In layman's terms a typical problem in this subject area is formulated as follows. Suppose that our universe has finite size but does not have a boundary. An example of such a situation would be a universe in the shape of a 3-dimensional sphere embedded in 4-dimensional Euclidean space. And imagine now that there is only one particle living in this universe, say, a massless neutrino or a photon. Then one can address a number of mathematical questions. How does the neutrino field (solution of the massless Dirac equation) or the electromagnetic field (solution of the Maxwell system) propagate as a function of time? What are the eigenvalues (energy levels) of the particle? Are there nontrivial (i.e. without obvious symmetries) special cases when the eigenvalues can be evaluated explicitly? What is the difference between the neutrino (positive eigenvalues) and the antineutrino (negative eigenvalues)? Why is the photon its own antiparticle? What is the nature of spin? Why do neutrinos propagate with the speed of light? Why are neutrinos and photons so different and, yet, so similar?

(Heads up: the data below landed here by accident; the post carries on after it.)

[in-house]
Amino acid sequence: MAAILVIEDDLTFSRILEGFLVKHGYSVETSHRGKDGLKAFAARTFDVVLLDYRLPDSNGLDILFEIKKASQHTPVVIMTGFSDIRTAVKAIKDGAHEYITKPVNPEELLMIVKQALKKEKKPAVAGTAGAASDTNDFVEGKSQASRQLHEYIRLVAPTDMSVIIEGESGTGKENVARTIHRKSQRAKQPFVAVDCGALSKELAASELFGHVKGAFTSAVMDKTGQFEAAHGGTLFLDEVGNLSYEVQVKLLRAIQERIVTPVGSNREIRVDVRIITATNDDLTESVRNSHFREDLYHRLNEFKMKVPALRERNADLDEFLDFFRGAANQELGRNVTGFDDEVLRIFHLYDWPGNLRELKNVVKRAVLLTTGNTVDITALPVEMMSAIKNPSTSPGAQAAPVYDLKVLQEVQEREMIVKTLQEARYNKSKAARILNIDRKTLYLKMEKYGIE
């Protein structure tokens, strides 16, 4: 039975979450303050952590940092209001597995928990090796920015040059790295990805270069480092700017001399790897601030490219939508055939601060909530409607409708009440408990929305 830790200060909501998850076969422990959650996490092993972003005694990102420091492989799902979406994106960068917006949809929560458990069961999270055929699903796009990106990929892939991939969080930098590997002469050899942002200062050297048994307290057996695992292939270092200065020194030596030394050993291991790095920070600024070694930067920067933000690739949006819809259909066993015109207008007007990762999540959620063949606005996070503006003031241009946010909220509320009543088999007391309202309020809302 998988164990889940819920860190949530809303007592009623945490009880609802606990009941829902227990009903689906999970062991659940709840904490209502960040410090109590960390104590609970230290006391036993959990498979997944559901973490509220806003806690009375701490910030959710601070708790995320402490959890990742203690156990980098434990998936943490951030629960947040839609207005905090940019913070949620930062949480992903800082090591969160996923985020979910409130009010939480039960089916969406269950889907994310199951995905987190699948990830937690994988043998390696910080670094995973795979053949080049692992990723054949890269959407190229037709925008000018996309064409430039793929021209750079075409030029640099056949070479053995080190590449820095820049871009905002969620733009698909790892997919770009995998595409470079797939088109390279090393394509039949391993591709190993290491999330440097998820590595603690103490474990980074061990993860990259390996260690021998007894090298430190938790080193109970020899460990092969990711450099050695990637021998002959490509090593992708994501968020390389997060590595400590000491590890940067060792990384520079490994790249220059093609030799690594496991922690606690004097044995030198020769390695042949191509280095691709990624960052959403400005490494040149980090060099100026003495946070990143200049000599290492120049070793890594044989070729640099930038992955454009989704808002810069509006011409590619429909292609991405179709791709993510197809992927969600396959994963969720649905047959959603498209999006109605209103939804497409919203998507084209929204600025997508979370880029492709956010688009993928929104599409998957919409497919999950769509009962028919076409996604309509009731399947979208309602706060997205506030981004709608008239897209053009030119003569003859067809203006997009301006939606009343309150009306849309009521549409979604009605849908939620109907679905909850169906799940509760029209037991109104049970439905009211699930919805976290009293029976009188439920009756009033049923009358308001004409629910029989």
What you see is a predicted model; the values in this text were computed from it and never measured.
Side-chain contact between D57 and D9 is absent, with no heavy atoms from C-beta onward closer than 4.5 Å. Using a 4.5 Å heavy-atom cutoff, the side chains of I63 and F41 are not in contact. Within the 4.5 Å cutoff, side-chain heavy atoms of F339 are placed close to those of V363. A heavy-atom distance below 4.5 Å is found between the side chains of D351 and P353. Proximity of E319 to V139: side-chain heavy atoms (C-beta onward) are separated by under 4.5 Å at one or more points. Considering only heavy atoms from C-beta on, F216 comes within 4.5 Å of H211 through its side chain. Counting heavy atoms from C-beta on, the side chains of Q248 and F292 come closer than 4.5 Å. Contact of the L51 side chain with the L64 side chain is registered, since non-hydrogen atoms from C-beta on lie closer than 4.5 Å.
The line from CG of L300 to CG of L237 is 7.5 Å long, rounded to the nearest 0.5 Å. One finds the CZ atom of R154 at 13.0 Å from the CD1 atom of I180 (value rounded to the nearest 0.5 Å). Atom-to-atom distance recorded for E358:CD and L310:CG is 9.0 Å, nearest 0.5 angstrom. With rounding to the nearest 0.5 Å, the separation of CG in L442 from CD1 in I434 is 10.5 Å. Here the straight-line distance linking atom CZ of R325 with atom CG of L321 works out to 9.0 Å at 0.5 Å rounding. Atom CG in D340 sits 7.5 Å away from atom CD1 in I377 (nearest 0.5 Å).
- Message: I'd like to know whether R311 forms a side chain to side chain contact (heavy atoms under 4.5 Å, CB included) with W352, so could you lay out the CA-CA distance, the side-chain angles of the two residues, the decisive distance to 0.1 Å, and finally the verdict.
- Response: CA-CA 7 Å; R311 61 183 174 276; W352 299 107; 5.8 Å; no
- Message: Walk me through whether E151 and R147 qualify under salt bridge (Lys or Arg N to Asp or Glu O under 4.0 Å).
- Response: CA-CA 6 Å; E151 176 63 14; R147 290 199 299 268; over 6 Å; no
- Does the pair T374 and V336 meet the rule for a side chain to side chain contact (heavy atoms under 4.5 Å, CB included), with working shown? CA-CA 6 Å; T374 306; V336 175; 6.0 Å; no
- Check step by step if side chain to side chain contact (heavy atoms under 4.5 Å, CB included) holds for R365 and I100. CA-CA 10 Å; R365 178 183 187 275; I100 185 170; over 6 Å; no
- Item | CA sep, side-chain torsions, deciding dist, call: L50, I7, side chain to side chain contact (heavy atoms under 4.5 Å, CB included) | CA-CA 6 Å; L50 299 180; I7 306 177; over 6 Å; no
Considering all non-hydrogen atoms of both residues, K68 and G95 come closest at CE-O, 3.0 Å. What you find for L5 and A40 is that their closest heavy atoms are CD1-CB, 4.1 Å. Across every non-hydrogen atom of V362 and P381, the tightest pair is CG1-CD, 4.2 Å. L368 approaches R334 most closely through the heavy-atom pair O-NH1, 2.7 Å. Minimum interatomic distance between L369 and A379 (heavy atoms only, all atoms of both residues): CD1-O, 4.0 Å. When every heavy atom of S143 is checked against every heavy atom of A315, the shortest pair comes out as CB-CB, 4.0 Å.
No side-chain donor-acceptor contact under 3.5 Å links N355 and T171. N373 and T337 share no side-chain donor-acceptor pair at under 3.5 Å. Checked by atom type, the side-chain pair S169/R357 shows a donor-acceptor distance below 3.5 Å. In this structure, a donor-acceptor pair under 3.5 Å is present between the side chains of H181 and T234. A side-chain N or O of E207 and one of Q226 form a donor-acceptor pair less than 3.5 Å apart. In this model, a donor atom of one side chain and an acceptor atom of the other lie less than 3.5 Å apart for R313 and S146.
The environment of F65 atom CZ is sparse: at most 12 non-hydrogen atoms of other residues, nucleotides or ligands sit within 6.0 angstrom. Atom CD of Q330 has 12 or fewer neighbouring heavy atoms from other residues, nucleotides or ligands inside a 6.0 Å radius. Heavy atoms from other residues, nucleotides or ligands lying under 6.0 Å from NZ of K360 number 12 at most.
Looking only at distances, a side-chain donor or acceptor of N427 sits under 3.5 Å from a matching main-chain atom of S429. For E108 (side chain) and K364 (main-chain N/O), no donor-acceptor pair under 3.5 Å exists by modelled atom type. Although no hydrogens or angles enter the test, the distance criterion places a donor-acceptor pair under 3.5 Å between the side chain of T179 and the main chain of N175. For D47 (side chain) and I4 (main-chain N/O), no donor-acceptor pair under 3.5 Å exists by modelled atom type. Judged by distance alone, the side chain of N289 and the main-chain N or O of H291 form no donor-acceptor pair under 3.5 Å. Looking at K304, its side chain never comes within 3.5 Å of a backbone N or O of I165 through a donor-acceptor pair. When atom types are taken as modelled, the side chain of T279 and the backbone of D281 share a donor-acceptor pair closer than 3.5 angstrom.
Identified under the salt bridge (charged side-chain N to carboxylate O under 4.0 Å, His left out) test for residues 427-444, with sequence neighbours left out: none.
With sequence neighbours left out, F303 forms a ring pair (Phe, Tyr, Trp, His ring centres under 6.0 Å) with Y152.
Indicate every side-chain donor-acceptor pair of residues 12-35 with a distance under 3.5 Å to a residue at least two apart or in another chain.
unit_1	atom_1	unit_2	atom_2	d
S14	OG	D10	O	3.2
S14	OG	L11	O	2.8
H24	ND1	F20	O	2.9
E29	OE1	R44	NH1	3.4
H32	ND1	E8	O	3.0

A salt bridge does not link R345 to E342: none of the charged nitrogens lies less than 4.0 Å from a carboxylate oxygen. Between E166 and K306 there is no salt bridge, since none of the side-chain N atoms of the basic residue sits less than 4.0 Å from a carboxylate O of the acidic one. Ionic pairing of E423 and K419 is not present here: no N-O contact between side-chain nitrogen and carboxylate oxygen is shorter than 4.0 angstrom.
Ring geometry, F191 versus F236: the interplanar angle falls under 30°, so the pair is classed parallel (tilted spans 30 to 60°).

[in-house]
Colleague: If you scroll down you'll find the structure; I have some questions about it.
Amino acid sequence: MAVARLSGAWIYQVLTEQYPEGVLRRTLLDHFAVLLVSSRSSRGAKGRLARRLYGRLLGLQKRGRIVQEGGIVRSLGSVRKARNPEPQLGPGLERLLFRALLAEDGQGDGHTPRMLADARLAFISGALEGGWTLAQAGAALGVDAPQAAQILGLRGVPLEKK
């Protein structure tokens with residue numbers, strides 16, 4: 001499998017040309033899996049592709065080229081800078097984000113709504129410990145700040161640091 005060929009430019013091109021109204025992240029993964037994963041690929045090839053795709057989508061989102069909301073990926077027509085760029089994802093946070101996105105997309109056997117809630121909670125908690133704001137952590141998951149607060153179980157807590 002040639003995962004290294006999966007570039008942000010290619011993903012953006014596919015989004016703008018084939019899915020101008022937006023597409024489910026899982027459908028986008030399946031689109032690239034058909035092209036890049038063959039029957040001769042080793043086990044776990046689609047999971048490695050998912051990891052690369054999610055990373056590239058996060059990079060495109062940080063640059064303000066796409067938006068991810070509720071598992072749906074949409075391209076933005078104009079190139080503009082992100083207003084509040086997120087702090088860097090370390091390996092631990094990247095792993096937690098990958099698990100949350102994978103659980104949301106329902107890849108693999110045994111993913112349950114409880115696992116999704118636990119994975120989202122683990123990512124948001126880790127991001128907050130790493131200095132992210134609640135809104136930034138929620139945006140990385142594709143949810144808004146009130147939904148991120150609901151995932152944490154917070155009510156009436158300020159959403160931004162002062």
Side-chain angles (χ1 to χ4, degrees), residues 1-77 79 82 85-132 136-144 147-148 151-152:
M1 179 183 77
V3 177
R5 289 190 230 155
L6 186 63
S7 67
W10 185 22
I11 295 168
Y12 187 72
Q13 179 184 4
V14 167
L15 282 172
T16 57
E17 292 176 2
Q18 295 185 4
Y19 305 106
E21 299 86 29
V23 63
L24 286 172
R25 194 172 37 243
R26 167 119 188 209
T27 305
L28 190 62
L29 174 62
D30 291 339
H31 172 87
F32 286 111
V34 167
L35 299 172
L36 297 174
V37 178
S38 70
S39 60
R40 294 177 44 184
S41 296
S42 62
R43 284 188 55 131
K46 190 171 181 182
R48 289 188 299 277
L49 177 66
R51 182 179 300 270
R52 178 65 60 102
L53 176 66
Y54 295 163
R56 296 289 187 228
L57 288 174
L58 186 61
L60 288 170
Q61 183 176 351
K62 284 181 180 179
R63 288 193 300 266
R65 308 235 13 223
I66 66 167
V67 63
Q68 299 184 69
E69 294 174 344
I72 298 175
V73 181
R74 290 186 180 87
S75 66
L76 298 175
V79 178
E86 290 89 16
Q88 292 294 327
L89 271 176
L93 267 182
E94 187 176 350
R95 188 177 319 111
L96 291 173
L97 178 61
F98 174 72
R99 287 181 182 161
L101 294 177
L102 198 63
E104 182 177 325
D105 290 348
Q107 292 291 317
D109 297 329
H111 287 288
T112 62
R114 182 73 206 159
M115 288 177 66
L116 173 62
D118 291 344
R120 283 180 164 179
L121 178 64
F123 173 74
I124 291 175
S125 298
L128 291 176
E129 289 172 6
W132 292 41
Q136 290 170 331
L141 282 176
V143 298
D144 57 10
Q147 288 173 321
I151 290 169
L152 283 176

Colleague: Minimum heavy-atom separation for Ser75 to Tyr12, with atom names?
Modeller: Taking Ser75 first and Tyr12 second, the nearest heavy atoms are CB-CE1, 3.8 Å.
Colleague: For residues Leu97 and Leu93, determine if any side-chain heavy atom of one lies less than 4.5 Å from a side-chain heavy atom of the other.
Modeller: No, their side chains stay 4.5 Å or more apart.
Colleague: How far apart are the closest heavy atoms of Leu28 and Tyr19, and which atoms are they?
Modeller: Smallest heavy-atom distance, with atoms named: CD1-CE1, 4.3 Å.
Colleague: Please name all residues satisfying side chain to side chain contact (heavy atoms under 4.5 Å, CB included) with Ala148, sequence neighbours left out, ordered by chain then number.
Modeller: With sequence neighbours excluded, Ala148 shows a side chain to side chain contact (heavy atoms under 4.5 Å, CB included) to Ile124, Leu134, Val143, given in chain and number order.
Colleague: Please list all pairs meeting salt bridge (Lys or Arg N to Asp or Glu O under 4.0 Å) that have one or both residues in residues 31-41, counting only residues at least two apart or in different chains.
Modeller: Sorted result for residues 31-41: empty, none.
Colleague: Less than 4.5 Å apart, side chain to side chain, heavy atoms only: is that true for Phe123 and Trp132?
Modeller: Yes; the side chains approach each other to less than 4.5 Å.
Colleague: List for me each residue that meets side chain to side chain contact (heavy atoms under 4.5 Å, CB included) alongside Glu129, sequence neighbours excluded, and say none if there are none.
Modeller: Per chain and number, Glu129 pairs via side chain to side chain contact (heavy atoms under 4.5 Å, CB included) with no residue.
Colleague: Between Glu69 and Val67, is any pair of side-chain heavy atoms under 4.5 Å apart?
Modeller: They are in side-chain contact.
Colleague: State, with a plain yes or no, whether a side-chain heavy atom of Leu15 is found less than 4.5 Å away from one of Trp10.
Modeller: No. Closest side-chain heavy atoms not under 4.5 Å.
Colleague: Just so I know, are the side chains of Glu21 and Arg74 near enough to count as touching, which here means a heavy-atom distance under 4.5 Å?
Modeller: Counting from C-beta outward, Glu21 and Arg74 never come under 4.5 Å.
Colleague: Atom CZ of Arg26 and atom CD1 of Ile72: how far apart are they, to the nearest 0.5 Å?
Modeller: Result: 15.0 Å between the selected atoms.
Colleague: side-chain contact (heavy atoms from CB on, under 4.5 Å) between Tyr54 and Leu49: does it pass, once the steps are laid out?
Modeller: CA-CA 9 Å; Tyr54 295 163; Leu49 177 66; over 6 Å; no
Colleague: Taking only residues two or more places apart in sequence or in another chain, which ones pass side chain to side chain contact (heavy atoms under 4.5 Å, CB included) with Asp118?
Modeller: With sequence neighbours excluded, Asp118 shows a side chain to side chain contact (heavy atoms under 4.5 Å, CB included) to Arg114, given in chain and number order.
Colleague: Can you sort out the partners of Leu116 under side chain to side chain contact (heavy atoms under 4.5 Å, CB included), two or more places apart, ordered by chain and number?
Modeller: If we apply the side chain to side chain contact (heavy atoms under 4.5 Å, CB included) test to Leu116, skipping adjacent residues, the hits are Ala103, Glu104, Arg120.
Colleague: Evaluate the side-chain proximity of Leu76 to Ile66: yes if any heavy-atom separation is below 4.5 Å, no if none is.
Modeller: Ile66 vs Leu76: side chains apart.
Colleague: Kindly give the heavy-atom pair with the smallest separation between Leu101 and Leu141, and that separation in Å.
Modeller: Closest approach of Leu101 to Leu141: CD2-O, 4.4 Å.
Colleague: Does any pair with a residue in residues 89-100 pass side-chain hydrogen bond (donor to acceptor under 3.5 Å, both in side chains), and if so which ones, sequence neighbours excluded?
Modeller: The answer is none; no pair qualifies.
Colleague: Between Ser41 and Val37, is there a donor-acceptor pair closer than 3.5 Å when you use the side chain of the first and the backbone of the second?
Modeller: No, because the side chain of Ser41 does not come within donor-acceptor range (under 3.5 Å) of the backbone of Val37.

The speaker will approach the study of first order systems of partial differential equations from the perspective of a spectral theorist using techniques of microlocal analysis and without involving geometry or physics. However, a fascinating feature of the subject is that this purely analytic approach inevitably leads to differential geometric constructions with a strong theoretical physics flavour.